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Government Should Focus On Controlling Access To Explosives And Using Existing Detection Technologies To Prevent Illegal Bombings

Date:
March 9, 1998
Source:
National Academy Of Sciences
Summary:
Additives that improve detection of explosives before detonation or determine their origins after a blast are not yet practical enough for broad use in the United States, concludes a committee of the National Research Council in a new report. Nor is there a practical method available to neutralize the explosive properties of ammonium nitrate, a commonly available fertilizer that was used in the 1995 Oklahoma City bombing.

WASHINGTON -- Additives that improve detection of explosives before detonation or determine their origins after a blast are not yet practical enough for broad use in the United States, concludes a committee of the National Research Council in a new report. Nor is there a practical method available to neutralize the explosive properties of ammonium nitrate, a commonly available fertilizer that was used in the 1995 Oklahoma City bombing.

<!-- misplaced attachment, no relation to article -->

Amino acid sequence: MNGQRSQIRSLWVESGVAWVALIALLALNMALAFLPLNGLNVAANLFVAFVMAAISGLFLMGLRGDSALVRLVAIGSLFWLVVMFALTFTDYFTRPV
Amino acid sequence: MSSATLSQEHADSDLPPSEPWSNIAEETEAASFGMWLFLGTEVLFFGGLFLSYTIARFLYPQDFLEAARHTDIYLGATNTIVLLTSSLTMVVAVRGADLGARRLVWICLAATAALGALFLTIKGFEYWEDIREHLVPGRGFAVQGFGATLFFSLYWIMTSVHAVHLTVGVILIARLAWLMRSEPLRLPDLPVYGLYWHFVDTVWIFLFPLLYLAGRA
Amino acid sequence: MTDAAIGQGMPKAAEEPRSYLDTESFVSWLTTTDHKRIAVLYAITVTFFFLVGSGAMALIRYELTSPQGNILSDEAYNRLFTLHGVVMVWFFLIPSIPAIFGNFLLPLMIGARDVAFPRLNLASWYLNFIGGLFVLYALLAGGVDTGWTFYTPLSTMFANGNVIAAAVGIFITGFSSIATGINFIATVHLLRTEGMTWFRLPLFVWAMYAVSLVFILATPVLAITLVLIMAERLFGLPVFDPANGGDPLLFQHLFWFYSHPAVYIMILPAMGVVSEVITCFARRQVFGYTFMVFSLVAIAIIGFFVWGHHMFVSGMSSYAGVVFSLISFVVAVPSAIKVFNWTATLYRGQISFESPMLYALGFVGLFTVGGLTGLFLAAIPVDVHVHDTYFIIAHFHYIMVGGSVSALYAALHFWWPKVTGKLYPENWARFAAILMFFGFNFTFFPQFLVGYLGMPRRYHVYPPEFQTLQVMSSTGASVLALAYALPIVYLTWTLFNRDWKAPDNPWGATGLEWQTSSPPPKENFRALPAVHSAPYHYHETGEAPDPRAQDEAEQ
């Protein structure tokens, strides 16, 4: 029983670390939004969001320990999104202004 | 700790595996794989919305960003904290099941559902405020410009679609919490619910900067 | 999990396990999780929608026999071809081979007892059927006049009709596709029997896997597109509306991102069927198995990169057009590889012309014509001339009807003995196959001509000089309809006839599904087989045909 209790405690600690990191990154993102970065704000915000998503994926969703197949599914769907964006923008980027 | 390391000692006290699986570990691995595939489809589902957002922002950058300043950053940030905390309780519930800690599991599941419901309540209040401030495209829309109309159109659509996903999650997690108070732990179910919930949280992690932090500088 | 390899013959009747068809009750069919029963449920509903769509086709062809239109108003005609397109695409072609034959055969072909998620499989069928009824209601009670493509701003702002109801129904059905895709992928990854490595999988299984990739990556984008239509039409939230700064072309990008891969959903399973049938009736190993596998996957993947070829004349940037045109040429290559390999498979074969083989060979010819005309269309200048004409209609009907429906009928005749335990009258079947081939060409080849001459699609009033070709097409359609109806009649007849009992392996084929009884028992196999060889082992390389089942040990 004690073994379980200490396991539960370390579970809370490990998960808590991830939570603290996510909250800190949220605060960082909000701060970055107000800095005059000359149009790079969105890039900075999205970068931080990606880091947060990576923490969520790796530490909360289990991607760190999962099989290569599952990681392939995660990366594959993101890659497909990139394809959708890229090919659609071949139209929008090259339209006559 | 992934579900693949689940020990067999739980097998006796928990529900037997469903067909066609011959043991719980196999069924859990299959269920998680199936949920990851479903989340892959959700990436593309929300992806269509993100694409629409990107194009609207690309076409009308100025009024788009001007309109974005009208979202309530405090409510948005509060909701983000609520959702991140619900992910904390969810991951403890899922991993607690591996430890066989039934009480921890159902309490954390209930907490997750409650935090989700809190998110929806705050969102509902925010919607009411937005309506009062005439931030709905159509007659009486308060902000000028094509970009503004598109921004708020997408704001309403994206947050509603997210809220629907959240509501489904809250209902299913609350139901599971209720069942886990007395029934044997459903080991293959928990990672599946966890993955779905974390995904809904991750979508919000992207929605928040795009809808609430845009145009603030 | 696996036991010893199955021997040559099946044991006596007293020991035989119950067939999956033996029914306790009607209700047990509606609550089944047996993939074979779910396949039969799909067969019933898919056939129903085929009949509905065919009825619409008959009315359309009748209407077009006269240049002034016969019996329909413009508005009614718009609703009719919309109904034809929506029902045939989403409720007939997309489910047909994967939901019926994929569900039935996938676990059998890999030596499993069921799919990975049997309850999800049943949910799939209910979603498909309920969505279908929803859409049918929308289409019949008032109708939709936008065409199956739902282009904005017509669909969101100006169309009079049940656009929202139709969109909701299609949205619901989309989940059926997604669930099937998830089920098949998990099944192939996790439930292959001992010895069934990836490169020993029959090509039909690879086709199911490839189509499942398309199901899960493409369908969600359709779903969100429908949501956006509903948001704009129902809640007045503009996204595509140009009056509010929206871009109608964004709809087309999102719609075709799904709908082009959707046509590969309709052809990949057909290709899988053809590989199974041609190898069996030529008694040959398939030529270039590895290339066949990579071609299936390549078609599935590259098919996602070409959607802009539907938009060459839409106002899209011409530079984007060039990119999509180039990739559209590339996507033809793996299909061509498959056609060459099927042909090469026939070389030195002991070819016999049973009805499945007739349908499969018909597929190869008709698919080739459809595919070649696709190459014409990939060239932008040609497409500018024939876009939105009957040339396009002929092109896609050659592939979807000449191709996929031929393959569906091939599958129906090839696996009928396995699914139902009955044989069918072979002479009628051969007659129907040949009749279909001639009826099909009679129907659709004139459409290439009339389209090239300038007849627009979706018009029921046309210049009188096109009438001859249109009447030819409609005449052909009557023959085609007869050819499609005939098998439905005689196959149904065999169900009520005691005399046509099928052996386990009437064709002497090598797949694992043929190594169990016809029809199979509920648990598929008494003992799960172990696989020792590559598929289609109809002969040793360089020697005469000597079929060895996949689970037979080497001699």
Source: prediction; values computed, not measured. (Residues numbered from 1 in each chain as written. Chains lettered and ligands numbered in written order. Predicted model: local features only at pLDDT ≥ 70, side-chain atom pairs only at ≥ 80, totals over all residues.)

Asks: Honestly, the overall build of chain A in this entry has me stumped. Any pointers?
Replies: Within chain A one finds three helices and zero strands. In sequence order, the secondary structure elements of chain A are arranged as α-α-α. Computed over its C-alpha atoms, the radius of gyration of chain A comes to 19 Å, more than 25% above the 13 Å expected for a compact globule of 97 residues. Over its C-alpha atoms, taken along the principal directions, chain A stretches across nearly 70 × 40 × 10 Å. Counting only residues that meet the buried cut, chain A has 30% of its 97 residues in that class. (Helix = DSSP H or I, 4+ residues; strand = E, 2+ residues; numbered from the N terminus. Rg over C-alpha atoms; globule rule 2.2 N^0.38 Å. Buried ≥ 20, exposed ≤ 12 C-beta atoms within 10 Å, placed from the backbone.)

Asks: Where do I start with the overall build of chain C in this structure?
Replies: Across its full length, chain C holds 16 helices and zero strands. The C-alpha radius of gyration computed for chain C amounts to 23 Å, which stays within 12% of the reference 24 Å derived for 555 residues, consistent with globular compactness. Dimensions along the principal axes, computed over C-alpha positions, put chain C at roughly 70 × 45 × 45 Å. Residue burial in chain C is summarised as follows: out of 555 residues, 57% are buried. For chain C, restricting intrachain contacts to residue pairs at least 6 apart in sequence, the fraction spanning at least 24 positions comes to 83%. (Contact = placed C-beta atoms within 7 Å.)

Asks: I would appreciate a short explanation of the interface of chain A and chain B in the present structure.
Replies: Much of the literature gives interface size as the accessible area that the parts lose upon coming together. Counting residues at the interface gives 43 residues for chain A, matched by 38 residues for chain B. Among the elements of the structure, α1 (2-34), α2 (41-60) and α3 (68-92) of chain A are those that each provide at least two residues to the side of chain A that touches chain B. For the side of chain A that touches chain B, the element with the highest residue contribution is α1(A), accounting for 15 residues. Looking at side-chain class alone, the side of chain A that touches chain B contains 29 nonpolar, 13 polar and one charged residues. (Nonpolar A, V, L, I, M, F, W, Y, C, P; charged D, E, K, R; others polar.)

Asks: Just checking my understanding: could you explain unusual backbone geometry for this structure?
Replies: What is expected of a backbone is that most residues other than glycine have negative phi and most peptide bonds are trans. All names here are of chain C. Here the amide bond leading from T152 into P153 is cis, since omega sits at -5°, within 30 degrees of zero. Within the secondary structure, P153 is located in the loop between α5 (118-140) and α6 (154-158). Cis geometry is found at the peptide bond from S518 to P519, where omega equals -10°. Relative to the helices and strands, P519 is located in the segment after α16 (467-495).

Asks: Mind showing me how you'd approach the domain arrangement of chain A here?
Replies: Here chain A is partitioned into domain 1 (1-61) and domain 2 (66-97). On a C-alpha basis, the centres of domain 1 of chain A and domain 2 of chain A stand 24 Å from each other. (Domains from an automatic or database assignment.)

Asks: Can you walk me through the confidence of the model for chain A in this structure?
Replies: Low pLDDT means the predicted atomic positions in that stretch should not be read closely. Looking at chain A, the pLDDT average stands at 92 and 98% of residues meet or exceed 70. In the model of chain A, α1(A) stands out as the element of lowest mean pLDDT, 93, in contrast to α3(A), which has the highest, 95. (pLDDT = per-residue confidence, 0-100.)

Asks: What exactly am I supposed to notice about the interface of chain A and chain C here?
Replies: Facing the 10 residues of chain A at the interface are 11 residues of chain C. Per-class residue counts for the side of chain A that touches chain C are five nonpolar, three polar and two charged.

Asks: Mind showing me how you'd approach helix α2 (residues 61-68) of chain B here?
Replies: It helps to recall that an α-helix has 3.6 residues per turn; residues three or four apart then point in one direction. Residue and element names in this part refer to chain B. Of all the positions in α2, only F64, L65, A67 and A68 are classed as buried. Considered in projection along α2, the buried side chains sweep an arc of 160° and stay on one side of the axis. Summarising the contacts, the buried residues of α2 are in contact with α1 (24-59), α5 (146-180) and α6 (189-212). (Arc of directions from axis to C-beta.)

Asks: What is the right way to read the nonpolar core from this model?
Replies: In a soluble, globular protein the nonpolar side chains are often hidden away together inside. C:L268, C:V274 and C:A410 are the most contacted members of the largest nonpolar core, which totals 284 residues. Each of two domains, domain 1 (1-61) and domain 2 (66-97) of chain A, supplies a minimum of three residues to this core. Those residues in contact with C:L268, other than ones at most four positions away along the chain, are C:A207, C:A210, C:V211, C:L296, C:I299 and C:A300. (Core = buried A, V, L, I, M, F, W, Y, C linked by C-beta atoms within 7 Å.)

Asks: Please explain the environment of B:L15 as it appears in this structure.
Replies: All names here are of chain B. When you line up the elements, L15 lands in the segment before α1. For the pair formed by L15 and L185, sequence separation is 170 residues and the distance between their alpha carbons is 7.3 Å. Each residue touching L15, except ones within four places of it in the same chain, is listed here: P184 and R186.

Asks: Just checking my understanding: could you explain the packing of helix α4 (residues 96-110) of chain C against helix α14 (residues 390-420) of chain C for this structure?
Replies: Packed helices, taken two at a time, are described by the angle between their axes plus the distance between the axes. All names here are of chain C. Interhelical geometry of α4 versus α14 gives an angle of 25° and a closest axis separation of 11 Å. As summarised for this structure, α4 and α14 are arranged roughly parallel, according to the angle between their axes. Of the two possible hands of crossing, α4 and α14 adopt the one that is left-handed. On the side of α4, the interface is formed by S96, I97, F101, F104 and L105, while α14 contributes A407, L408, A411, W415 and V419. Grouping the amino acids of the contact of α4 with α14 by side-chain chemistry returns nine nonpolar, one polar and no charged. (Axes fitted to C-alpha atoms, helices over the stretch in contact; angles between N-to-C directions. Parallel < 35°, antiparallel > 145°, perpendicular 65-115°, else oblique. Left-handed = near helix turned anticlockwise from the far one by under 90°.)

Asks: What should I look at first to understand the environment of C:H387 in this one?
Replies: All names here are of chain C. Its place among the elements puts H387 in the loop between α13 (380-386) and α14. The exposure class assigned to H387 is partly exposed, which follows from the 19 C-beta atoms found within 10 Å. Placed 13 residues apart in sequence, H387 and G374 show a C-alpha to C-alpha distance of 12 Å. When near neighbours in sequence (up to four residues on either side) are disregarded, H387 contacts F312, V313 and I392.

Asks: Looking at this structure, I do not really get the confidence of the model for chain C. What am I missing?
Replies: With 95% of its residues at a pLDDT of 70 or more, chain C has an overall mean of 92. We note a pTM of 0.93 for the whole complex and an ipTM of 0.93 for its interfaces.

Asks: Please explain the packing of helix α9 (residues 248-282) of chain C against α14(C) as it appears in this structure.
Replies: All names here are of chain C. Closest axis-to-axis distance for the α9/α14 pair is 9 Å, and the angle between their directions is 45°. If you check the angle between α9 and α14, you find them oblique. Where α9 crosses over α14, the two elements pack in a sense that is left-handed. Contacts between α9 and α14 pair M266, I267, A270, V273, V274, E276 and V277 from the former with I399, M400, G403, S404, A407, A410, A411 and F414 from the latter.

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The above story is based on materials provided by National Academy Of Sciences. Note: Materials may be edited for content and length.


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National Academy Of Sciences. "Government Should Focus On Controlling Access To Explosives And Using Existing Detection Technologies To Prevent Illegal Bombings." ScienceDaily. ScienceDaily, 9 March 1998. <www.sciencedaily.com/releases/1998/03/980309042433.htm>.
National Academy Of Sciences. (1998, March 9). Government Should Focus On Controlling Access To Explosives And Using Existing Detection Technologies To Prevent Illegal Bombings. ScienceDaily. Retrieved April 21, 2014 from www.sciencedaily.com/releases/1998/03/980309042433.htm
National Academy Of Sciences. "Government Should Focus On Controlling Access To Explosives And Using Existing Detection Technologies To Prevent Illegal Bombings." ScienceDaily. www.sciencedaily.com/releases/1998/03/980309042433.htm (accessed April 21, 2014).

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